Nearly All Linux OSes Have a Pair of Privilege Escalation Flaws

The issues, affecting kernels dating back to August 2014, allow an unprivileged user to gain root access to the operating system.

4 Min Read
Spectral-Design via

Two vulnerabilities in the way the Linux kernel handles the conversion of specific data types could allow a malicious user to turn a local, unprivileged user account into a superuser account with root privileges, stated vulnerability management firm Qualys in an advisory published on July 20.

The vulnerabilities, confirmed by Red Hat and other vendors of Linux distributions, affect the Linux kernel starting with version 3.16, which was released in August 2014. Qualys security researchers confirmed the vulnerability and developed a proof-of-concept exploit to obtain full root privileges on the latest default installations of Ubuntu, Debian, and Fedora Workstation.

The vulnerability is not considered critical, as an attacker would have to be an authorized user of the system, but it should be patched as soon as possible, says Bharat Jogi, a senior manager of vulnerability and threat research at Qualys.

"We would classify this as an important vulnerability to patch," he says. "This vulnerability affects the Linux kernel’s filesystem layer, which is the most important function of any operating system and affects all major Linux operating systems in their default configuration."

The Linux kernel — the core software that manages Linux systems — has come under increasing scrutiny by security researchers. In April, a group of University of Minnesota researchers were banned from submitting suggested changes to the Linux maintainers after the researchers publicized a project in which they submitted vulnerable code to the developers maintaining the kernel — code that could have made it into a production release.

Kernel vulnerabilities that allow attackers to escalate privileges on Linux systems are uncommon, but not rare. In 2018, Qualys found another vulnerability in the kernel, an integer overflow, that would allow an attacker to escalate privileges. In 2016, another security firm found a similar privilege-raising issue.

The two vulnerabilities found by Qualys — CVE-2021-33909 and CVE-2021-33910 — allow an attacker "to mount a filesystem on a very long path, to crash systems and the whole system by allocating a very large space in the stack," stated Red Hat in its advisory for CVE-2021-33910. "The highest threat from this vulnerability is to the system availability."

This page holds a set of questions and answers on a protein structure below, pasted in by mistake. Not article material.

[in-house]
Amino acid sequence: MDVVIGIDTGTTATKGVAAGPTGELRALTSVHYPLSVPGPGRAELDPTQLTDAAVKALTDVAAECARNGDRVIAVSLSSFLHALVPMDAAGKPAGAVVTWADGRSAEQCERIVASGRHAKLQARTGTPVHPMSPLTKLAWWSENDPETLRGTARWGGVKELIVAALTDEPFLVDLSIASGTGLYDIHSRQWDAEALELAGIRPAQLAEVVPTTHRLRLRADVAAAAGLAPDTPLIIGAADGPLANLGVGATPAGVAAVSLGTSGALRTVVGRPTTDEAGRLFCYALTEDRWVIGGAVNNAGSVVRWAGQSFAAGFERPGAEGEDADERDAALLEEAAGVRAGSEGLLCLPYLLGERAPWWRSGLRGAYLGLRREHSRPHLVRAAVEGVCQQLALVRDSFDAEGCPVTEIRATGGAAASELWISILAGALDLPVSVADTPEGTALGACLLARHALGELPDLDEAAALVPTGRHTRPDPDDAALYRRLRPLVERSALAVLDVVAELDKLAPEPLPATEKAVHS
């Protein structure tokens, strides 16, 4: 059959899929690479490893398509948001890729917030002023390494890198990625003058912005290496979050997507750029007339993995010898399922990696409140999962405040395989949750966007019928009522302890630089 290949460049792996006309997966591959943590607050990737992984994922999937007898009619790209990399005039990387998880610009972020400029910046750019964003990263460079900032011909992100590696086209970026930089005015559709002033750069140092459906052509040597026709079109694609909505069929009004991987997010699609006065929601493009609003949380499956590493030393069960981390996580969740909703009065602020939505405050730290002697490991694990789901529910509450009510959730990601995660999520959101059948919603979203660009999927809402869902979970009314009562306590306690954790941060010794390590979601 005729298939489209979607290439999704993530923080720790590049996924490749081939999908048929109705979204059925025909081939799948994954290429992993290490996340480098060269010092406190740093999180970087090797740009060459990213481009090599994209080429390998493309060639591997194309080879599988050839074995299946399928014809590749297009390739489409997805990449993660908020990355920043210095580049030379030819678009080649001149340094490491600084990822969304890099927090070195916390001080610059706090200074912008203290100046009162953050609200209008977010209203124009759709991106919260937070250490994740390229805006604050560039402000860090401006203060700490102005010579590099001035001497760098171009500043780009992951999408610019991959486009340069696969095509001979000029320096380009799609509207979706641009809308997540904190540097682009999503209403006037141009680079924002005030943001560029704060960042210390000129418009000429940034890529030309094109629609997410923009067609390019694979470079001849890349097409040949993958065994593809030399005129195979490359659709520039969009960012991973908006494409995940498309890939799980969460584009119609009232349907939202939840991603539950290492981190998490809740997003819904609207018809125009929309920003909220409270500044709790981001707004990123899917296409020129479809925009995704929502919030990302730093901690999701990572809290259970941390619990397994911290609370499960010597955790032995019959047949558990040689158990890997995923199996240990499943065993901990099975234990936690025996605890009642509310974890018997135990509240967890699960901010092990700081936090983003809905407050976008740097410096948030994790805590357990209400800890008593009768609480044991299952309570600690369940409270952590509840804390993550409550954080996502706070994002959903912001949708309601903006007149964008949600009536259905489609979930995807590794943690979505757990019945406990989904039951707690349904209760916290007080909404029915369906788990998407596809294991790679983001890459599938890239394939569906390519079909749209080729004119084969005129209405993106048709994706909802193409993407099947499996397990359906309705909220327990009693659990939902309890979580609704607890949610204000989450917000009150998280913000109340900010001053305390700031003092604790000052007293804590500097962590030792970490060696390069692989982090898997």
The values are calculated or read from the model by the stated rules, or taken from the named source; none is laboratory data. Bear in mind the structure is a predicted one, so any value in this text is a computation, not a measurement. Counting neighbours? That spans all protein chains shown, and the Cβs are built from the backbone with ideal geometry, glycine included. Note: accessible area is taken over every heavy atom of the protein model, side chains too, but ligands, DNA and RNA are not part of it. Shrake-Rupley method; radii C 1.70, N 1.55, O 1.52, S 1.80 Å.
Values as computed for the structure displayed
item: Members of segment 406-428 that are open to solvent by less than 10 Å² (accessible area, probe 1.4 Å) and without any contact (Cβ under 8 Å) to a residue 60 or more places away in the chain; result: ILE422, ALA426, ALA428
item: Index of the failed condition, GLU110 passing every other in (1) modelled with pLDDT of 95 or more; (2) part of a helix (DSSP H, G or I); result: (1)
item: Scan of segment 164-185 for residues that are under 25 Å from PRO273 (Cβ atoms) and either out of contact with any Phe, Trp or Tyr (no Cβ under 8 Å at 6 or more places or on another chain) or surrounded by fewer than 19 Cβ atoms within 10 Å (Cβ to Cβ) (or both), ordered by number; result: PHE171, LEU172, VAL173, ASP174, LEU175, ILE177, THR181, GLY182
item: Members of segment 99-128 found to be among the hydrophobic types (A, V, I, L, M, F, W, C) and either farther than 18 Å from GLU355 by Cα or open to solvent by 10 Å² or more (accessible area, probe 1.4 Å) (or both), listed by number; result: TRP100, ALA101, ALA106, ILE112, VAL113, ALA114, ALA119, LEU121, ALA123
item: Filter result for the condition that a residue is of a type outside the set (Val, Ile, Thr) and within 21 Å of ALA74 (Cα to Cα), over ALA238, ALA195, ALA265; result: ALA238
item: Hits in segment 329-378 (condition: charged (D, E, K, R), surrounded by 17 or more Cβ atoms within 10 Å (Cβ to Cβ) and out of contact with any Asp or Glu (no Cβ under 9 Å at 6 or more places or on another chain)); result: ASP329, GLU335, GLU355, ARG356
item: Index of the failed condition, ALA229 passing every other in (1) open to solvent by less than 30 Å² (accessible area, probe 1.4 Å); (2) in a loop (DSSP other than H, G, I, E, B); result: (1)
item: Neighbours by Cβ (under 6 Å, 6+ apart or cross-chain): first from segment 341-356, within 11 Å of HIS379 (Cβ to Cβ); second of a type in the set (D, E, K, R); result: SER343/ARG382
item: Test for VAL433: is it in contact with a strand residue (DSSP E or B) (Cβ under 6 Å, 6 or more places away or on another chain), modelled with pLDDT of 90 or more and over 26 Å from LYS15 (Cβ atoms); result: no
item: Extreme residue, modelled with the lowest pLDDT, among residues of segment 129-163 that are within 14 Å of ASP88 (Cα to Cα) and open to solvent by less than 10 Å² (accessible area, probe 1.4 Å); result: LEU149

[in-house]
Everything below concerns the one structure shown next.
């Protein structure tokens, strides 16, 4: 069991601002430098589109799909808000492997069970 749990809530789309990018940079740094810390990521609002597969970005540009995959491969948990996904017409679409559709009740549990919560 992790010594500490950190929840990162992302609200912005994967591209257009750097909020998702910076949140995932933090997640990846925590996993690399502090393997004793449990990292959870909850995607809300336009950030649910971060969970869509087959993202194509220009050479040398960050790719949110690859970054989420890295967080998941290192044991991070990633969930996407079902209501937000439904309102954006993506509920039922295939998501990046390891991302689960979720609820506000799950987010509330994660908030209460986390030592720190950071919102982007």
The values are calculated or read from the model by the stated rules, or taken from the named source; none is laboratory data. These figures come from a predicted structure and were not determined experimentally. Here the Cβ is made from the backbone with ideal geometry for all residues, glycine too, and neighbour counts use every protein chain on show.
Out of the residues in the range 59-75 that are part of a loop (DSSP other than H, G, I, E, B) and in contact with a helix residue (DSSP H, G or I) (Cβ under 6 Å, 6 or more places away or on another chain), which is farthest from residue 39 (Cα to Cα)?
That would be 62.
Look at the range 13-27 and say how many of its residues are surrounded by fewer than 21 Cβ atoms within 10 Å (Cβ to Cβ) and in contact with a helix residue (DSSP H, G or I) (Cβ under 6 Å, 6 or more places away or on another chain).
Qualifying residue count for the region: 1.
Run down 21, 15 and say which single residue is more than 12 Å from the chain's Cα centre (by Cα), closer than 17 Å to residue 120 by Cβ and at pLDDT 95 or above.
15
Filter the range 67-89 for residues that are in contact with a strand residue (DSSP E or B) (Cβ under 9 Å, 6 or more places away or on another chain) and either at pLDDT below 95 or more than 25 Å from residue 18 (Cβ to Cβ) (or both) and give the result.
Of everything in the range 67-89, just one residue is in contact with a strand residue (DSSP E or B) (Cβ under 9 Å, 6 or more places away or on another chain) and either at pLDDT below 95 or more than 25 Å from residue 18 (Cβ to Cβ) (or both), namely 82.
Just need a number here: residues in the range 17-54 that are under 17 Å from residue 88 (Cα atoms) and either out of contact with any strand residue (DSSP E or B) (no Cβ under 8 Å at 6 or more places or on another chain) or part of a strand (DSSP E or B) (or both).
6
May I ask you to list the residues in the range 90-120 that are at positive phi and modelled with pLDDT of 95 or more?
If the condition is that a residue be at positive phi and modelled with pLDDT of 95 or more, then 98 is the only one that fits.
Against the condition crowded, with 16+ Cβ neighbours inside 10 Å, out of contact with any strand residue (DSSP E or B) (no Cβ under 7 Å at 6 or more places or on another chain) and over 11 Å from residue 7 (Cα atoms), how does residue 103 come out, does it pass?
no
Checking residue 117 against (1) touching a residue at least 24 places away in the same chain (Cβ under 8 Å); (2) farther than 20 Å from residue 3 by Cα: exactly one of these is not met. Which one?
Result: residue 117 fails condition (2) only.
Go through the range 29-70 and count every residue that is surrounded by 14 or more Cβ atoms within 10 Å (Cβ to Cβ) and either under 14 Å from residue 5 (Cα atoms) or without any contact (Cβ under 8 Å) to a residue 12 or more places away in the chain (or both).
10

Qualys further detailed the attack, saying that "if an unprivileged local attacker creates, mounts, and deletes a deep directory structure whose total path length exceeds 1GB," they can trigger the other vulnerability, CVE-2021-33909.

"The most likely attack scenario is from an internal threat where a malicious user is able to escalate from no privileges whatsoever to full root privileges," Qualys's Jogi says. "From an external threat perspective, if an attacker has been able to gain foothold on a system via another vulnerability or a password breach, etc., the attacker can now escalate to full root privileges via this vulnerability."

Red Hat confirmed the issue in an advisory published on July 20 and warned that other products, such as the OpenShift Container Platform, OpenStack, and Red Hat Virtualization, could be affected.

"The issue results from not validating the size_t-to-int conversion prior to performing operations," the company stated in the advisory. "Any Red Hat product which relies on the Red Hat Enterprise Linux kernel is also potentially impacted."

Other Linux distributions — including Ubuntu, Debian, and SUSE — also confirmed the vulnerability.

The fact that a vulnerability has managed to hide from security researchers for seven years is not surprising. Earlier this year, Qualys discovered more than 21 vulnerabilities in the Exim mail server that attackers — including nation-state cyber operators — have targeted in the past.

While the scrutiny put on open source software is supposed to result in the quick discovery of vulnerabilities, most open source components do not get the attention they deserve, says Qualys's Jogi.

"In a perfect world, there would be no bugs in commercial or open source software, but unfortunately that isn’t the world we live in," he says. "Even in this popular mail server [Exim], we discovered vulnerabilities lying in wait since 2004. While open source has made auditing of bugs more accessible, we still need more eyes diligently looking to identify vulnerabilities."

Qualys, Red Hat and other vendors recommended that all administrators of Linux systems upgrade to the latest version of the Linux kernel, version 5.13.4, which was released on July 20. The Mac OS operating system, which is somewhat based on a variant of BSD Unix, is not vulnerable.

About the Author(s)

Robert Lemos, Contributing Writer

Veteran technology journalist of more than 20 years. Former research engineer. Written for more than two dozen publications, including CNET, Dark Reading, MIT's Technology Review, Popular Science, and Wired News. Five awards for journalism, including Best Deadline Journalism (Online) in 2003 for coverage of the Blaster worm. Crunches numbers on various trends using Python and R. Recent reports include analyses of the shortage in cybersecurity workers and annual vulnerability trends.

Keep up with the latest cybersecurity threats, newly discovered vulnerabilities, data breach information, and emerging trends. Delivered daily or weekly right to your email inbox.

You May Also Like

More Insights